What Happens To Unsuccessful Nominees In Employee Awards?
Winning and losing is an inevitable facet of life, whether one is competing in the World Cup or choosing a political candidate. In an organizational context, many companies will have “employee of the month” programs to reward those who do exceptional work, but research from the University of Maryland reminds us that those who almost win are often just as valuable as those that do win.
The researchers explore the impact of almost winning on the performance of employees, with a particular focus on the nature of their work with others. The results show that in the immediate aftermath of the awards, the unsuccessful nominees lost motivation, which resulted in them reducing the amount they collaborated with colleagues and especially with the winners. This was particularly likely when the two worked in the same department.
In the long-term, however, the unsuccessful candidates ended up collaborating more with other colleagues, with their collaborative efforts surpassing those from before their nomination.
Employee award programs are common practices to try and reward good work while also reinforcing corporate culture. While various studies have looked at their impact on those who win, the impact of those who do not is less well understood.
Perhaps understandably, the study found that the glimpse of success means that those who nearly won have a very different psychological experience to those who were never in contention at all. These runner ups may be small in number, but the researchers found that they have an outsized impact on their organization.
“Being nominated itself is an indicator of a high level of capability, skill and performance relative to those who did not get nominated in the first place,” the researchers explain. “That’s why understanding how an awards program is motivating—or demotivating—for non-winners nominees is very important.”
Working as a team
The researchers focused their attention on the impact of nominations on the collaboration habits of those individuals. They looked specifically at how responsive they became to invitations to collaborate and how quickly they responded to those invitations.
They analyzed data from a digital collaboration tool both a couple of months before a large company-wide award was announced, and then again for the six months after the announcement.
“We found that compared to non-nominees, the non-winner nominees have lower collaboration responsiveness to winners following the awards announcement,” the researchers explain. “When they have a higher structural proximity to the winners—for example, they were on the same team or worked in the same office—then the negative impact on their responsiveness was even bigger.”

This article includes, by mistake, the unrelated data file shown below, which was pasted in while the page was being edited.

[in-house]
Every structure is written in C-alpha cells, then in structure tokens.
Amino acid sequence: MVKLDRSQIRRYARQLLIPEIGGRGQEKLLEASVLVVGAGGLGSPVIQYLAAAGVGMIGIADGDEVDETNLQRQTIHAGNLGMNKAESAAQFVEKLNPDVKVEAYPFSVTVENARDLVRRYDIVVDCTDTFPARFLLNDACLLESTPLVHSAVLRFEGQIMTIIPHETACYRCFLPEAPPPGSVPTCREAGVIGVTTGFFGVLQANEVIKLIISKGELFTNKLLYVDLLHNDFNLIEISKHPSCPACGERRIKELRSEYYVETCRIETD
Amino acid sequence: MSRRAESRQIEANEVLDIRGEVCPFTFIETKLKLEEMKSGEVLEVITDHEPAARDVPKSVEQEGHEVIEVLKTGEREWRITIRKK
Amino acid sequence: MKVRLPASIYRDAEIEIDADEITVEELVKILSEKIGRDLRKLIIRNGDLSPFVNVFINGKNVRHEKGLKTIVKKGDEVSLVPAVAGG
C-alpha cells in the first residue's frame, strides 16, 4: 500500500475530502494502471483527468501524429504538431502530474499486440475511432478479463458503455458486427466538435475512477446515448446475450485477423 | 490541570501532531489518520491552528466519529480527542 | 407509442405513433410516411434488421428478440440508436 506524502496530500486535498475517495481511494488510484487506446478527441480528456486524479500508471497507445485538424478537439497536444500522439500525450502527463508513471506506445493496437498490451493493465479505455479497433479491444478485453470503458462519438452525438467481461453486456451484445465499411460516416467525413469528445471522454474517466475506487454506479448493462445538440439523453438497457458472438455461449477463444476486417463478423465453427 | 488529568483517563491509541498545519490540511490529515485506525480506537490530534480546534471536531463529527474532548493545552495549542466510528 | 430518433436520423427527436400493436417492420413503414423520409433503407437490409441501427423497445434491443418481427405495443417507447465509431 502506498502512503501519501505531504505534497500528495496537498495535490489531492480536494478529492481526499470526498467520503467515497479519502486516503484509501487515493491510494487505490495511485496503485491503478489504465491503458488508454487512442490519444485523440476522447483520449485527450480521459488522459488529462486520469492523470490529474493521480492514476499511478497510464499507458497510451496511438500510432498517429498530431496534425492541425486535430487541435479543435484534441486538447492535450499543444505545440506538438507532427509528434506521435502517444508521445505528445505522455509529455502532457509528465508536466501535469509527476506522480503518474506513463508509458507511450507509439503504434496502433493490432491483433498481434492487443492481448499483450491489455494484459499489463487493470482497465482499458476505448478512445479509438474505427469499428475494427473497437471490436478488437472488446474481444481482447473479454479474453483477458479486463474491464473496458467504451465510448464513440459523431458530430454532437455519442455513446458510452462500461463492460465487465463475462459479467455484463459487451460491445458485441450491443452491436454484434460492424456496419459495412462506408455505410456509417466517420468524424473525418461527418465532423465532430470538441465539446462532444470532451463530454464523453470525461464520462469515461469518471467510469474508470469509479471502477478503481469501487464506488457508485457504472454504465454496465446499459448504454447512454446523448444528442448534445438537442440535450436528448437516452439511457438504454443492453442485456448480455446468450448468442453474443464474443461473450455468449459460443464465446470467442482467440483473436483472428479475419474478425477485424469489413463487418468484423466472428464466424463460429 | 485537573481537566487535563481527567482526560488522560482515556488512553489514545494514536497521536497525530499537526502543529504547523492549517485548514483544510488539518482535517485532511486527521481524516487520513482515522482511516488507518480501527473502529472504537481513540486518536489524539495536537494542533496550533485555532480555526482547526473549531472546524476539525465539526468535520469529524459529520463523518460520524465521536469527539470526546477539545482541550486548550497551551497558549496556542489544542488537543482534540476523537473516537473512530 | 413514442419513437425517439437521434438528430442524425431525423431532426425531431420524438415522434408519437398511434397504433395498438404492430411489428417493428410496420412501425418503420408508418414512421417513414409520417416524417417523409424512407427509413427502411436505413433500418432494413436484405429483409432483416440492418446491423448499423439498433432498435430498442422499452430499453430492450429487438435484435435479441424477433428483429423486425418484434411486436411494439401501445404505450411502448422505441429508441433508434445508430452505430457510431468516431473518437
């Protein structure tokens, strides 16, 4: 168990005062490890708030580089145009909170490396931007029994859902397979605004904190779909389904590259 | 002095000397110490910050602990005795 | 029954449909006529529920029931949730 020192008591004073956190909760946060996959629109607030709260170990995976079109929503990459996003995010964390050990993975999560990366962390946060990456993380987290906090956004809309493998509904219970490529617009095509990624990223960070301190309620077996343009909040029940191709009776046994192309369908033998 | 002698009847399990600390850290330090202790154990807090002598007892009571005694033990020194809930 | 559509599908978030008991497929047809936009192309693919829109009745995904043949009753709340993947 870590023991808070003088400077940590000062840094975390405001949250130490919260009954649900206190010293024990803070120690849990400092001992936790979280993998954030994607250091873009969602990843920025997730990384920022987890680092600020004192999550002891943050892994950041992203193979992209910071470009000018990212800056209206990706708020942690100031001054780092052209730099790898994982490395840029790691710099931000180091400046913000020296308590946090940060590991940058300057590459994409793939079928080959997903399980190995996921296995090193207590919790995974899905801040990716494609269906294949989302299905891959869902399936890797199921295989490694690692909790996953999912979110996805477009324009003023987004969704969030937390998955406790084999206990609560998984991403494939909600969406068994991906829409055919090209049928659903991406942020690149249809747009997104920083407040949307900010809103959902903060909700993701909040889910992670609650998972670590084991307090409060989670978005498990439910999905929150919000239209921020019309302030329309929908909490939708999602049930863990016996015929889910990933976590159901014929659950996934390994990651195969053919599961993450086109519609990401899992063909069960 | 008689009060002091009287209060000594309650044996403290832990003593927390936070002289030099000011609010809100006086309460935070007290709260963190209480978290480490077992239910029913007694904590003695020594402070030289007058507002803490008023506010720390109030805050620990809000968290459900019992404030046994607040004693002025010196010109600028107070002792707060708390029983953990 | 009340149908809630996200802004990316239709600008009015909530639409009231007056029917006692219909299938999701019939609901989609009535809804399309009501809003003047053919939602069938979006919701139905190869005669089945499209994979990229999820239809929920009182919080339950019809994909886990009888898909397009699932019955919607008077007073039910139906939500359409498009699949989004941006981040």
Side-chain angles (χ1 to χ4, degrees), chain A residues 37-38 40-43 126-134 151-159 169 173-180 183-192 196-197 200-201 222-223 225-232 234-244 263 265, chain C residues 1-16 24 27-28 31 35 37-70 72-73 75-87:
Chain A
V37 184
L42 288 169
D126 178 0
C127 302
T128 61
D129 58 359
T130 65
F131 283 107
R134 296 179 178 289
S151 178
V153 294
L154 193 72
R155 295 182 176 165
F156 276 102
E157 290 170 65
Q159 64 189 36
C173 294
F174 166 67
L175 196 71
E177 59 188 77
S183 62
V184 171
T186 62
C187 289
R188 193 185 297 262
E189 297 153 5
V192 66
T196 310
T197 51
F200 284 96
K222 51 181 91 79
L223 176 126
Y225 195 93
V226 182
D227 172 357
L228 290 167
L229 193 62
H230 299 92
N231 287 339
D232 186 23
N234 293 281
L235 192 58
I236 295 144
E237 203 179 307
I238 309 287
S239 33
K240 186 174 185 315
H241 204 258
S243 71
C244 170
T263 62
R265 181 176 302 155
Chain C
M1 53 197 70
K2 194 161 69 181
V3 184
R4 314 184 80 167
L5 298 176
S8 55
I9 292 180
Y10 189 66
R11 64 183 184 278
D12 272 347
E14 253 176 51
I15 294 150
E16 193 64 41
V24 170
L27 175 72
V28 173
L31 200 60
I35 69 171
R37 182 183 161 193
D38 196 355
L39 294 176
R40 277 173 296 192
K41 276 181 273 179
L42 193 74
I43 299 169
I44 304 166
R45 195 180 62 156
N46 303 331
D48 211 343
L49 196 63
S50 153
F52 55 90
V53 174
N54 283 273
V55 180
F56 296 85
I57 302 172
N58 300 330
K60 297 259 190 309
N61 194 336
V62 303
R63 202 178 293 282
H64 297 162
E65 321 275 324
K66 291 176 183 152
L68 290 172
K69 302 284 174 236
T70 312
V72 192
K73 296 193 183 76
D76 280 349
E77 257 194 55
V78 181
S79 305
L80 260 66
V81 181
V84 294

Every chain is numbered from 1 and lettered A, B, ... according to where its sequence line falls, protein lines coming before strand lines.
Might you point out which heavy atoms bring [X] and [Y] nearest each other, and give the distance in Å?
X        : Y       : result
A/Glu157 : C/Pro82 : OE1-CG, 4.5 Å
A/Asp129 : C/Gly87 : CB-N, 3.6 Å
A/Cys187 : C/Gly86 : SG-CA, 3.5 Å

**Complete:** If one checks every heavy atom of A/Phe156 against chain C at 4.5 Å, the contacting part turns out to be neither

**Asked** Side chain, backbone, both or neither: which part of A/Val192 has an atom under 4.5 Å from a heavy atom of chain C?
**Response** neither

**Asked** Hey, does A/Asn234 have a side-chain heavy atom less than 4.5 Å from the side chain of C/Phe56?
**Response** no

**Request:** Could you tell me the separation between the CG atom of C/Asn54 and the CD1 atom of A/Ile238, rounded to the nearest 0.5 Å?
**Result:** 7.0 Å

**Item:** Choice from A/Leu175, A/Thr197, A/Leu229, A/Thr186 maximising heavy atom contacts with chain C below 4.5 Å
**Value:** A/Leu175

Over the longer term, however, those unsuccessful candidates tended to have a higher level of collaboration with colleagues in general. To try and understand why this is, the researchers conducted a survey of the workforce after the awards announcement to try and understand how people felt and their personal motivations.
As we can perhaps expect, those who just missed out on the award expressed feelings of disappointment and frustration, which resulted in their collaboration with others falling in the immediate aftermath of the announcement.
This frustration gives way to motivation in the medium to long-term, however, as they feel compelled to try and do better the next time round and not suffer that disappointment again.
In other words, this motivation tends to cancel out the disappointment in the short-term, and in the longer-term, the motivation persists while the disappointment fades, meaning that those people tend to perform better after the disappointing announcement.
“The non-winner got over it and became more rational,” the researchers explain. “That’s why we found in the long run, losing increased nominees’ collaboration responsiveness.”
As a result, it’s important that managers strive to actively promote collaboration between winners and the runners up in a bid to overcome any tensions or resentment that may emerge between them. These efforts should be particularly focused on the period immediately after the award announcement.
For instance, managers could consider ensuring that those who don’t get the main award are also recognized and appreciated for their contributions and performance, perhaps by ensuring that they have not only encouragement but resources to help them with their work.
This encouragement should be designed to ensure that those who miss out continue to believe in themselves and the work that they do. If managers can do that then they can help to ensure that all nominees experience a boost in performance, not just those who win.
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